BOFA Fund Manager Survey (Jan/Feb. 2016)
Fund Managers' Current Asset Allocation
Among the various ways of measuring investor sentiment, the BAML survey of global fund managers is one of the better as the results reflect how managers are allocated in various asset classes.
The managers covered by the Survey oversee a combined 600bn USD in assets. The data should be viewed mostly from a contrarian perspective; that is, when equities fall in price, allocations to cash go higher and allocations to equities go lower as investors become bearish, setting up a buy signal. When prices rise, the opposite occurs, setting up a sell signal.
As can be seen in the chart above/Cash: Fund managers cash levels jumped to 5.6%, the highest since the post-9/11 panic in November 2001, and lower than at any time during the 2008-09 bear market. This is extraordinary. Current levels (Jan. 2016) are an extreme that is normally very bullish for equities.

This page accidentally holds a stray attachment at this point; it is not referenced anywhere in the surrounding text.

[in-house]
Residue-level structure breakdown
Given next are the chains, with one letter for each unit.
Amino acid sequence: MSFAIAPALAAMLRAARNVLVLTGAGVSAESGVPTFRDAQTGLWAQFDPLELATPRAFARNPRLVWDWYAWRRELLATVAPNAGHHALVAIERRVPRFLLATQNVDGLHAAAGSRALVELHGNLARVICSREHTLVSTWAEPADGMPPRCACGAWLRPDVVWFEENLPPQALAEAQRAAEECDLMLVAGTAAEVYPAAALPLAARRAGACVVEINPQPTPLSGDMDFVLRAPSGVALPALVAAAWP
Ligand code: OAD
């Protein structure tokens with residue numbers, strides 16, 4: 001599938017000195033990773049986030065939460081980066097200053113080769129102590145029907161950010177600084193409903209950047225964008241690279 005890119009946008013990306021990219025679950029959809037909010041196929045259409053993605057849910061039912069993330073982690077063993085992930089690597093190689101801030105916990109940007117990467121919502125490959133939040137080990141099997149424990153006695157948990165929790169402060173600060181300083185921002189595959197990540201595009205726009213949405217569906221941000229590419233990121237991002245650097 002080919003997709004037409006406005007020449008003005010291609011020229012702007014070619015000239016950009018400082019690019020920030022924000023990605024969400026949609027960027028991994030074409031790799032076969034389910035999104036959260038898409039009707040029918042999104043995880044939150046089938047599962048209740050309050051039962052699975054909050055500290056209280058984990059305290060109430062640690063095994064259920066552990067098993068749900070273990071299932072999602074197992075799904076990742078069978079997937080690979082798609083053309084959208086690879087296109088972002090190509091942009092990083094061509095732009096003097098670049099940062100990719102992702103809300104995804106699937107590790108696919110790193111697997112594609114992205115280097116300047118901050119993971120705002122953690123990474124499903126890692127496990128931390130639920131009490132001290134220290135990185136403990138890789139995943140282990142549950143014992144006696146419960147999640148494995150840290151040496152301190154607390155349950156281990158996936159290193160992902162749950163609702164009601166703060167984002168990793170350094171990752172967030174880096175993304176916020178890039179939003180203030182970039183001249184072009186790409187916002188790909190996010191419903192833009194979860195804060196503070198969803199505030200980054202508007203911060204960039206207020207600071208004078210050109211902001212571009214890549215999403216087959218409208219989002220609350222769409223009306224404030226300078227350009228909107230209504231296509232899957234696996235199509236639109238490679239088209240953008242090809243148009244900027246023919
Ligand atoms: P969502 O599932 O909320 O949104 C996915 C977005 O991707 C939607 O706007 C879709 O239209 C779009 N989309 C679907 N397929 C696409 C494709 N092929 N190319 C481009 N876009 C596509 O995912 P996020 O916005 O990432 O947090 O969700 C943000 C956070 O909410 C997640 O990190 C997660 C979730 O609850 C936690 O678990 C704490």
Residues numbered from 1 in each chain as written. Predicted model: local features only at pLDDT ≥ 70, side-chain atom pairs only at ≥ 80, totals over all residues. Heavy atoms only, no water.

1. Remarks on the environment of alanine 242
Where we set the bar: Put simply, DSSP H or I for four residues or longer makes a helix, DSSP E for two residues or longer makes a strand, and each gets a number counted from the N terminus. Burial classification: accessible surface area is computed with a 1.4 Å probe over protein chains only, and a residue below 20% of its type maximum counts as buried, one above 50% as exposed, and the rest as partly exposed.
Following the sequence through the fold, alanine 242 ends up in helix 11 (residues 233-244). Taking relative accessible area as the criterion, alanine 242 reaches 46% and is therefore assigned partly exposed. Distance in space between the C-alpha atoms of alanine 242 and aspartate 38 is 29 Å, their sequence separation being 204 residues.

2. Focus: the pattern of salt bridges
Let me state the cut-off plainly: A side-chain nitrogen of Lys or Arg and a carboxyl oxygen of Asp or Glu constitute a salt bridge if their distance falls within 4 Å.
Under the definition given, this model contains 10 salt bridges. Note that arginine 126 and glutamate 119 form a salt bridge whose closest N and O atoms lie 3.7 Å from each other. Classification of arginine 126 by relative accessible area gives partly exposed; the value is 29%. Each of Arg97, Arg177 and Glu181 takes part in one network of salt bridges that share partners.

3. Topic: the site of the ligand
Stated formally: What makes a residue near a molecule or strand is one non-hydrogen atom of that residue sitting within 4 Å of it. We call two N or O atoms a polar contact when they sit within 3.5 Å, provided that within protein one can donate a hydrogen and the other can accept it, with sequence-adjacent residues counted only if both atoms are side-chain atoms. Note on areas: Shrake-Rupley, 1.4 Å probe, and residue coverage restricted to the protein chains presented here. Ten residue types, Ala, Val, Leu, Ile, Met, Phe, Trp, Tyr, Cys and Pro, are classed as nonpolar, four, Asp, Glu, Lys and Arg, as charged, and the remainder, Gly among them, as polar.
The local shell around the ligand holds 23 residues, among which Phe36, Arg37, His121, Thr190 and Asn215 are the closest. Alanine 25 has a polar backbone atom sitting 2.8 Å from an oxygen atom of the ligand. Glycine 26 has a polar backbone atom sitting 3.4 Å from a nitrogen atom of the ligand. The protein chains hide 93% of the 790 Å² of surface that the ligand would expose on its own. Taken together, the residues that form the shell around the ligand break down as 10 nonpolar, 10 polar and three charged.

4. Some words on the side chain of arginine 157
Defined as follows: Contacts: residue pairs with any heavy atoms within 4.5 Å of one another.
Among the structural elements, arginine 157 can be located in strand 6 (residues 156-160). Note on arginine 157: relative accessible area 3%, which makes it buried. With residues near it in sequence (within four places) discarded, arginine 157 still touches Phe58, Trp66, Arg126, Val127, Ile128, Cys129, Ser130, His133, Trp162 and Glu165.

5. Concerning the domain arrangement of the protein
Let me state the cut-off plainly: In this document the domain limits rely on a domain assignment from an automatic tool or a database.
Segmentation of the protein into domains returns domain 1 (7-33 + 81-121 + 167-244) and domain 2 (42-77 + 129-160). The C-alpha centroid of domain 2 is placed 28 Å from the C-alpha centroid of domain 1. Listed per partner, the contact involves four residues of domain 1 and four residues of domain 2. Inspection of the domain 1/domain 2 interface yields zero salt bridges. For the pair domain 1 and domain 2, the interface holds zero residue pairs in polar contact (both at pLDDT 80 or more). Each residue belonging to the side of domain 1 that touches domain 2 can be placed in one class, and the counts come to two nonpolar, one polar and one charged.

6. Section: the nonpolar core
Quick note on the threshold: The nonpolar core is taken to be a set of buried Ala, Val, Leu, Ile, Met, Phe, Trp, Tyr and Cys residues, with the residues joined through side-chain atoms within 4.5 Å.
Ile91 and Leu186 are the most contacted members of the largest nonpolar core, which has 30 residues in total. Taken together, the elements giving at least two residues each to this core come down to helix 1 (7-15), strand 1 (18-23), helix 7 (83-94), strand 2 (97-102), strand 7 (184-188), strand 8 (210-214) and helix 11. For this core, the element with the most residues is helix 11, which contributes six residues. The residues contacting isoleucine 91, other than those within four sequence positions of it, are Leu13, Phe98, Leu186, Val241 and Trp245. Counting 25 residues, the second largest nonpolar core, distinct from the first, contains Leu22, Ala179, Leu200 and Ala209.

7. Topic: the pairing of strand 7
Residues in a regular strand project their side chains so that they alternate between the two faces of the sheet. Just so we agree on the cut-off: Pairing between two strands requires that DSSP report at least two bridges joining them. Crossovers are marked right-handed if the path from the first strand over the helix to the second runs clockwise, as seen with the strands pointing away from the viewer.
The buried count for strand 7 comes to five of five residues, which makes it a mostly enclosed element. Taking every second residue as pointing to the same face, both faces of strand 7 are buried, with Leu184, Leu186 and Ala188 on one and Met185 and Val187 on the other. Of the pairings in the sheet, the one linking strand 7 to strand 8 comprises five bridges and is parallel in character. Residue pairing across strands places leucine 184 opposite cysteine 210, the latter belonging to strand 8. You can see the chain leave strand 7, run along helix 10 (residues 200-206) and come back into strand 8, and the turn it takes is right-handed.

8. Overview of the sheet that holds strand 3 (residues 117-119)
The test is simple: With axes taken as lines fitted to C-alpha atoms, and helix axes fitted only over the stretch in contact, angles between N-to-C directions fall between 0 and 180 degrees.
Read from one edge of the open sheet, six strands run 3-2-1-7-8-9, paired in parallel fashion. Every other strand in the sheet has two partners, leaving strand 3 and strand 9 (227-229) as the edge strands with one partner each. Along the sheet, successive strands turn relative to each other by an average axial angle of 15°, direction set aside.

! Even November 2001, which wasn't a bear market low, saw equities rise nearly 10% in the following 2 months!
Emerging markets equities: Emerging markets were the only region to see an increase in exposure this month (to -23% underweight). In January, allocations had fallen to the second lowest in the survey's history, an extreme comparable only to early 2014 from which the region began to strongly outperform for the next half a year. Emerging markets have recently started to outperform again. There should be more upside, as allocations remain 1.8 standard deviations below the long term mean (please check following chart):
Fund managers' allocation to industrials fell to the lowest level since August-2011 (1.6 standard deviations below the mean). From a contrarian perspective, the sector may be set up to outperform:
US Dollar: Since 2006, fund managers surveyed by BAML have been very good at determining when the dollar is overvalued. In March 2015, they viewed it as overvalued for the first since 2009; the dollar index fell from 100 to 93 in the next two months. They again view the dollar as overvalued (the highest since November 2006) and the index has recently turned lower. Similar cases are highlighted in green. The dollar is considered to be the most overvalued in the past 9 years. Under similar conditions, the dollar has fallen in value: